Tucson voters to decide minimum wage, council seats and a pay hike for city leaders
Voters in Tucson will receive ballots in the mail starting in early October to take three seats on city council, decide to raise the minimum wage, and choose whether or not to give a pay raise to city councilors as well as to the city council. mayor.
If voters approve Proposition 206, the minimum wage in Tucson will drop from the current level of $ 12.15 an hour to $ 15 an hour each year in 2025.
Supporters argue it would help workers cope with the rising cost of living in the city.
“I should be working 50 hours a week just to cover my basic living expenses,” said Daniella, 23, describing her finances below the current minimum wage. “It’s not super doable.”
But Mat Cable, owner of Fresco Pizzeria and investor in other restaurants, said the higher minimum wage would be a blow to his business.
“It’s a bad time because right now our food costs are just at record highs,” he said.
The proposal does not just increase the minimum wage. It also requires large employers to pay a minimum of three hours ‘wages when they reduce or cancel an employee’s shift with less than 24 hours’ notice. The proposal would prohibit employers, owners, supervisors or managers from taking money in a tip-pooling agreement, such as in a restaurant. And the proposal also creates a new labor standards department to enforce wage laws.
The annual salary of city councilors is less than that of a person earning $ 15 an hour.
Proposal 410 would give city council and the mayor a pay raise – but only after completing their current term.
City council put the proposal on the ballot and the measure would increase the annual salary of council members from $ 24,000 to $ 36,000. The mayor’s salary would also drop from $ 42,000 to $ 54,000.
The increases would not take effect until December 2023, after the next municipal elections.
Wages would then increase each year based on the consumer price index.
However, Tucson voters have rejected similar proposals for increases in the past, and the council has not secured a raise since 1999.
Sarah Garrecht Gassen, editor of the Arizona Daily Star’s editorial page, said Proposition 410 may have a better chance than such previous measures because it does not increase the salary of the current board.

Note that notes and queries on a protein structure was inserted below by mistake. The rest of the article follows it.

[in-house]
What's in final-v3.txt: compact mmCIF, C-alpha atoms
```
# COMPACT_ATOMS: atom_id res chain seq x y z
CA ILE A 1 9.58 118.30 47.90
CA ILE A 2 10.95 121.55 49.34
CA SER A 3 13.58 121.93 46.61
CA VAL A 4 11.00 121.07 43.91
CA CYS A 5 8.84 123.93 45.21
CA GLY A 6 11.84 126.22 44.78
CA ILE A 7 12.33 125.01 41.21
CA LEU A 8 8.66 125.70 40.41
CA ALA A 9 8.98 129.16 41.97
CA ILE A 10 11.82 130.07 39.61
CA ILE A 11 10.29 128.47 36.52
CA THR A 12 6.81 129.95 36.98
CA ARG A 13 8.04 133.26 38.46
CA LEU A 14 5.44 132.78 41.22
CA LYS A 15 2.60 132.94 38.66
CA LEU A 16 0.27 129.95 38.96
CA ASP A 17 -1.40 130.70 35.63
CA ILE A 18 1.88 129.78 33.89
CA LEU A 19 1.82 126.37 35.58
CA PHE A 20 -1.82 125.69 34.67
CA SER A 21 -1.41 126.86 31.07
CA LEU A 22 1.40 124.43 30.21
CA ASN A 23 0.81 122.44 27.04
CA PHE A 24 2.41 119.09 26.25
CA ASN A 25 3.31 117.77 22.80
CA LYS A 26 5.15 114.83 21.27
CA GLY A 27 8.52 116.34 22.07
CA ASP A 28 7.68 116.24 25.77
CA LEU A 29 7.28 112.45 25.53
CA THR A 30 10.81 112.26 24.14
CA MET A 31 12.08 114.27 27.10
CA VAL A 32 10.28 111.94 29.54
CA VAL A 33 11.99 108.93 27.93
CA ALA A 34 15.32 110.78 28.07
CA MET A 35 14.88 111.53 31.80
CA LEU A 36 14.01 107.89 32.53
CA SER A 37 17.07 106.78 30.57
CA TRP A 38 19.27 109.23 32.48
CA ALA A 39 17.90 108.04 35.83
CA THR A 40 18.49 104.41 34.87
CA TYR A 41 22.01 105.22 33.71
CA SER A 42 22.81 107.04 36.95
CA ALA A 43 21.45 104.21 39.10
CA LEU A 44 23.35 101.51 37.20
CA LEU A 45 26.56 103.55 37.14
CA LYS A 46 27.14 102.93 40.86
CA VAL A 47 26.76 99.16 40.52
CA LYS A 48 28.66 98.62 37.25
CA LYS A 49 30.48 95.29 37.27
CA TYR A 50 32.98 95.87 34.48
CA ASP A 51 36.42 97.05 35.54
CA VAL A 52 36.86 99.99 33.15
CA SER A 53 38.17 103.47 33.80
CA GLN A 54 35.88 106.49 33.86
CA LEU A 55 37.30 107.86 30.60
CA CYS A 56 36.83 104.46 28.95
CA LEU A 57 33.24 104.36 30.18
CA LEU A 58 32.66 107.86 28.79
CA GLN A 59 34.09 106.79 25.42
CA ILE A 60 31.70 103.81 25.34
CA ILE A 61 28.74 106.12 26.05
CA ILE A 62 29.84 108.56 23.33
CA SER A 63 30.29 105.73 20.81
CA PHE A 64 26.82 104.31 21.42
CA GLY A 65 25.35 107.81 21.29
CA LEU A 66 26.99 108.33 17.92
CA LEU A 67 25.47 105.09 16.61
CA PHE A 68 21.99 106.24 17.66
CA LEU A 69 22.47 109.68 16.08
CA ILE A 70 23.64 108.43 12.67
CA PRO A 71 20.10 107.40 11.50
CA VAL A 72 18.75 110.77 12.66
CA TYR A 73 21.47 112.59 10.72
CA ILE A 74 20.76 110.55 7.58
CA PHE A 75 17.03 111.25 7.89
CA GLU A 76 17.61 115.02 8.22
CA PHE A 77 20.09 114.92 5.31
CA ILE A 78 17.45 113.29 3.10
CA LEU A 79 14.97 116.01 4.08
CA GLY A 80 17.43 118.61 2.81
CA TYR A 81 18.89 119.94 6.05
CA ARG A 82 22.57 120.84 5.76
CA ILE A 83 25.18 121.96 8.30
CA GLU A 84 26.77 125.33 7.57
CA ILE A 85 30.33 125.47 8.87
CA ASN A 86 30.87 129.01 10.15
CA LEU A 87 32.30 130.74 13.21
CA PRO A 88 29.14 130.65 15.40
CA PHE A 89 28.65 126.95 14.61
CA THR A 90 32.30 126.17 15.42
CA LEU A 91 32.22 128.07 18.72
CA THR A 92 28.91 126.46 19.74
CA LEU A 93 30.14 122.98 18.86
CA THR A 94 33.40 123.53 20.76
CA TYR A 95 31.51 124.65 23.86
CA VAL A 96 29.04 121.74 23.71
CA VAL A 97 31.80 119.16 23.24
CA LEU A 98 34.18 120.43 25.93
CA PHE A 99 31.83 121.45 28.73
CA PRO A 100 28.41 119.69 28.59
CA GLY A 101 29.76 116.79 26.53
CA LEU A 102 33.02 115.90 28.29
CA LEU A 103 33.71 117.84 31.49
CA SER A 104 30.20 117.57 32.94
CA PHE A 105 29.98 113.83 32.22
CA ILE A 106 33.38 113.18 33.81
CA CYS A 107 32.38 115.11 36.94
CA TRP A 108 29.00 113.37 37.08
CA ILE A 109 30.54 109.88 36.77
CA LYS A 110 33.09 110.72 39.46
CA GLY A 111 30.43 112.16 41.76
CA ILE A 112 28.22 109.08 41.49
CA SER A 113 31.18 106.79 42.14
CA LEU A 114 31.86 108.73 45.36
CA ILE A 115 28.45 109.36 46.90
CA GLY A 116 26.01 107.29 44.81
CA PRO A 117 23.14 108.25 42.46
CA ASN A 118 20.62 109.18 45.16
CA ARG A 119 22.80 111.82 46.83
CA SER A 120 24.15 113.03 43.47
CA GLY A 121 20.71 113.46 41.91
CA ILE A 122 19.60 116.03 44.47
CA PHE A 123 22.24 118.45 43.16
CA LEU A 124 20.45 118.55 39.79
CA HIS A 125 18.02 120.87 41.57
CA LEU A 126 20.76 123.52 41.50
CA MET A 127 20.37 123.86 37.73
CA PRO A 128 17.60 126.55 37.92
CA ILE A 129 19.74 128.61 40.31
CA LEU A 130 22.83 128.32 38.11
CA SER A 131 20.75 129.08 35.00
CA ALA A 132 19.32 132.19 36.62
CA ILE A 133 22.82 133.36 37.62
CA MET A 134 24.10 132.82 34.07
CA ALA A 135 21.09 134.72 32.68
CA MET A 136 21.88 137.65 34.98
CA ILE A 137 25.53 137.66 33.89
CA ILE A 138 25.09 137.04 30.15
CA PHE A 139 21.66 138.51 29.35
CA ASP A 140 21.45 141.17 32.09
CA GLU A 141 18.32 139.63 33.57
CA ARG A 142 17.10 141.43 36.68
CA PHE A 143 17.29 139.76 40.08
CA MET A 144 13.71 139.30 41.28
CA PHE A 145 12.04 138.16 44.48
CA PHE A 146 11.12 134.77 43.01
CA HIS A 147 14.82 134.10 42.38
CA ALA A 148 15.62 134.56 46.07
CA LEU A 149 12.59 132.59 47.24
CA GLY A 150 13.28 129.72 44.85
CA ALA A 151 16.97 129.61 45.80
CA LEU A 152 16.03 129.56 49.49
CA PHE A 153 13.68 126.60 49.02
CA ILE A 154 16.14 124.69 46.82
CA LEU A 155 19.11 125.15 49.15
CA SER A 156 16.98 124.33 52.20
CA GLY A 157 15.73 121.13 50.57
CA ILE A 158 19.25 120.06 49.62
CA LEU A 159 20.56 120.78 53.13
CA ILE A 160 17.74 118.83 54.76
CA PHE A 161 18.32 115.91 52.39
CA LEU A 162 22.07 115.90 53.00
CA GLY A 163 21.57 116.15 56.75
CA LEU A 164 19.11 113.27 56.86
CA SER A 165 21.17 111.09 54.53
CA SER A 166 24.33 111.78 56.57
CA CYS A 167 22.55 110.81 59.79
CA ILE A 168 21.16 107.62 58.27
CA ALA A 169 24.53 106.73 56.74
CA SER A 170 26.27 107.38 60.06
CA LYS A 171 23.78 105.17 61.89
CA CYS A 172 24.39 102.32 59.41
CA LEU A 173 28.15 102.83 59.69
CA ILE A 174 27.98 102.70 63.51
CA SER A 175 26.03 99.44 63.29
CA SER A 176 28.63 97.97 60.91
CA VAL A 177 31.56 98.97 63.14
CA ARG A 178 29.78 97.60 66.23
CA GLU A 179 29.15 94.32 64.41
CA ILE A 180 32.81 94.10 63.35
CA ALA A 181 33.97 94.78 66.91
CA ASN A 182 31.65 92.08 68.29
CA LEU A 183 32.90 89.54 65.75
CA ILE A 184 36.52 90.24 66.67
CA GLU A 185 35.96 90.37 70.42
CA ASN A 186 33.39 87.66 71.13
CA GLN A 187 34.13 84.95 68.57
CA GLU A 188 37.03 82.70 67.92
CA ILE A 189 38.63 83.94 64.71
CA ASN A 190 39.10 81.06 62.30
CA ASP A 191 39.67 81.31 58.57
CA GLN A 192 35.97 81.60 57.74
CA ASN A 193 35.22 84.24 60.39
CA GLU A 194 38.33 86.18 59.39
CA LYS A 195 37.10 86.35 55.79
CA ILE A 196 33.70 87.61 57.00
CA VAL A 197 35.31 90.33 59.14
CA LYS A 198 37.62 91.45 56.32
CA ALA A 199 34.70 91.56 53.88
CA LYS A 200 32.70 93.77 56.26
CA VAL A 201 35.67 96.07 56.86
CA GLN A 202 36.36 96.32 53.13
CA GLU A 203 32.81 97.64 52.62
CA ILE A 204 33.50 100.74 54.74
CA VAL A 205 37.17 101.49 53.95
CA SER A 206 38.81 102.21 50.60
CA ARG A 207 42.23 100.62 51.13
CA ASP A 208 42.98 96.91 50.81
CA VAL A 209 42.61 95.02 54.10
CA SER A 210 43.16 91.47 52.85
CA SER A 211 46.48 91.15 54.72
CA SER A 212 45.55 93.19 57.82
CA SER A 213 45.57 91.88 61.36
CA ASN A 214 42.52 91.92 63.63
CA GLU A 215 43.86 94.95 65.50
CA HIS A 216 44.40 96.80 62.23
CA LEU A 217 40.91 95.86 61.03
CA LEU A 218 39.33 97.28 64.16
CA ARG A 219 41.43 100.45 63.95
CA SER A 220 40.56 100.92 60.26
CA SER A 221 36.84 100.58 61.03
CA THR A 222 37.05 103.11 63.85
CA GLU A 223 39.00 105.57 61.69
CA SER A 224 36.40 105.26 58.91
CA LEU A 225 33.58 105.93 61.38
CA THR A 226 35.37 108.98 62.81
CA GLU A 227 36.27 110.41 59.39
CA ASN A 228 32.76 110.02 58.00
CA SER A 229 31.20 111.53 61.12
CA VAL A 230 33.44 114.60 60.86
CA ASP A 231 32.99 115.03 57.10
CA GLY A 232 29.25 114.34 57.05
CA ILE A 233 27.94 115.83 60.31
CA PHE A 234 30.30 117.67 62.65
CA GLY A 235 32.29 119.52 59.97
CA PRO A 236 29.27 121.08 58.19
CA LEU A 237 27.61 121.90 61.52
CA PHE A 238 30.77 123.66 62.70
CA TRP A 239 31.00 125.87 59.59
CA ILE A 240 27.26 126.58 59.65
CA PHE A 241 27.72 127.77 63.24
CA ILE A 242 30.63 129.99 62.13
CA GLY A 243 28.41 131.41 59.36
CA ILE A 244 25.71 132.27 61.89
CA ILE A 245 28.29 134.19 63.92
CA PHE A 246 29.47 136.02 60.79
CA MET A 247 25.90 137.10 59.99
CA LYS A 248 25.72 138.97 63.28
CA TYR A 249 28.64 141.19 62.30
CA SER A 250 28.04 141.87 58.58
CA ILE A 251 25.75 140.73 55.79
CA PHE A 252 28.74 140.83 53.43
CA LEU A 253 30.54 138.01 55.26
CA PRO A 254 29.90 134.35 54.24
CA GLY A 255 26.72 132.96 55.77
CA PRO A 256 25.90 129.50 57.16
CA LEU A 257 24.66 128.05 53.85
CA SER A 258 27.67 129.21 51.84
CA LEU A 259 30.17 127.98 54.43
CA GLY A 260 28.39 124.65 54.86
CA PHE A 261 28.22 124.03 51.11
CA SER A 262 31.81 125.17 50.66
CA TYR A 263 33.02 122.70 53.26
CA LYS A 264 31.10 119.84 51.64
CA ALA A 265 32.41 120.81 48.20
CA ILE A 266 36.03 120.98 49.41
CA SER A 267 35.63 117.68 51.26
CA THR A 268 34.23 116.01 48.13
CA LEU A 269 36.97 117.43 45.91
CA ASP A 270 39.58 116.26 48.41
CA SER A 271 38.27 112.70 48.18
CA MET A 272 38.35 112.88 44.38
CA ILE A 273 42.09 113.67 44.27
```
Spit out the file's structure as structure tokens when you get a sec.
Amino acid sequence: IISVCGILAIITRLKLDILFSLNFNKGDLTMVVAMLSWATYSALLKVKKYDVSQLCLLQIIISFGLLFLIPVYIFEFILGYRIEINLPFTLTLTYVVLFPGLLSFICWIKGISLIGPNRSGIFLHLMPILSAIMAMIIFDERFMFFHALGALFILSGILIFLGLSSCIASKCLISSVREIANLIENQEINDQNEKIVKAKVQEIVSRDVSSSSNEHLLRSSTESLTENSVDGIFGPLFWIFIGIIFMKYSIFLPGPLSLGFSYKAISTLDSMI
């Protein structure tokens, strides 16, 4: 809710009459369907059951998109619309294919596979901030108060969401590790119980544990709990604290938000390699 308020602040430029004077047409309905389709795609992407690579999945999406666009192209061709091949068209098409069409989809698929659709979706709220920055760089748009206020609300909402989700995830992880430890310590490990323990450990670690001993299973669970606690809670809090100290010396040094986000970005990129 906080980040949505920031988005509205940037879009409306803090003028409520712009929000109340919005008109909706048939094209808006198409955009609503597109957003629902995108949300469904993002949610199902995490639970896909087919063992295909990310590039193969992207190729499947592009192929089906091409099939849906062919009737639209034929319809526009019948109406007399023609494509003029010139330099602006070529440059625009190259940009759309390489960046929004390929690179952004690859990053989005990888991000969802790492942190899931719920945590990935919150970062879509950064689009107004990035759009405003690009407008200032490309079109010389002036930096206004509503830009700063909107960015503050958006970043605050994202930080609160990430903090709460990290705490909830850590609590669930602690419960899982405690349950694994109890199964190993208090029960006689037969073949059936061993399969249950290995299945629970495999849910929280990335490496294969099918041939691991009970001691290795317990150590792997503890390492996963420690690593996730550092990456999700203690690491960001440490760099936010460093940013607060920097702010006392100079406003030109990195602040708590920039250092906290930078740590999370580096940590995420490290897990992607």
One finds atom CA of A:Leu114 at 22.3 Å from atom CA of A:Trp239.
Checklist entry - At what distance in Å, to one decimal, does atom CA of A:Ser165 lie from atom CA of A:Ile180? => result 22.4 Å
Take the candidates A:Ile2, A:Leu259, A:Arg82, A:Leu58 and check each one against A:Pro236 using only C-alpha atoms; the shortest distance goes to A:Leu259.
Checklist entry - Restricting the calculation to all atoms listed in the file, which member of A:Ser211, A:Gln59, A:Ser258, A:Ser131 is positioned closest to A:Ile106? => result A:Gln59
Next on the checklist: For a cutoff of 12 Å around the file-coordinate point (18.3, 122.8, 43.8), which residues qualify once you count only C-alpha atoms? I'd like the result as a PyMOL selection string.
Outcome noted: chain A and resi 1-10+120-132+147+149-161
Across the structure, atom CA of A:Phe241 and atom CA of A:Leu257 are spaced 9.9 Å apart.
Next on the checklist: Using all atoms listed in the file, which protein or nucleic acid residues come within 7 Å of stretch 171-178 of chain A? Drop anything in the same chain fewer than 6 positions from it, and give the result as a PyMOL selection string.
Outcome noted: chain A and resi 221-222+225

But she admitted that it’s still a tough sell.
“You could be Superman on city council now, and you won’t get a voter to give you a raise,” Garrecht Gassen said.
Dylan Smith, editor of The Tucson Sentinel, said low pay is one reason the remainder of the ballot is relatively sparse.
“That’s part of why we always have these elections where hardly anyone shows up,” Smith said.
Voters will choose council members from wards 3, 5 and 6. But Republicans present a candidate in only one of the three wards.
Republican Alan Harwell shows up in Ward 3, which Democrat Karen Uhlich is leaving.
Harwell has run on ideas such as opposing “critical race theory,” even though city council does not set education policy, Smith said.
Democratic candidate Kevin Dahl is a longtime conservationist in southern Arizona.
Lucy LiBosha, a local educator, presents herself as independent to Dahl’s left.
Elsewhere, Democratic city councilor Steve Kozachik is running for re-election. He faces off against independent and local restaurateur Val Romero.
And the member of the Democratic council Richard Fimbres is running for his re-election without opposition.
October 4: Deadline for voter registration.
October 6: The ballots are mailed.
October 11: A polling station will open at 800 E. 12th St. from 8 a.m. to 5 p.m. until Election Day. Here, electors can cast a ballot, vote their ballot, request a replacement ballot, or ask for help.
October 22: On the last day, the city clerk may post replacement ballots.
October 27: Last day for voters to return their ballots. Ballots can be dropped off at a polling station on polling day.
November 2: Election day.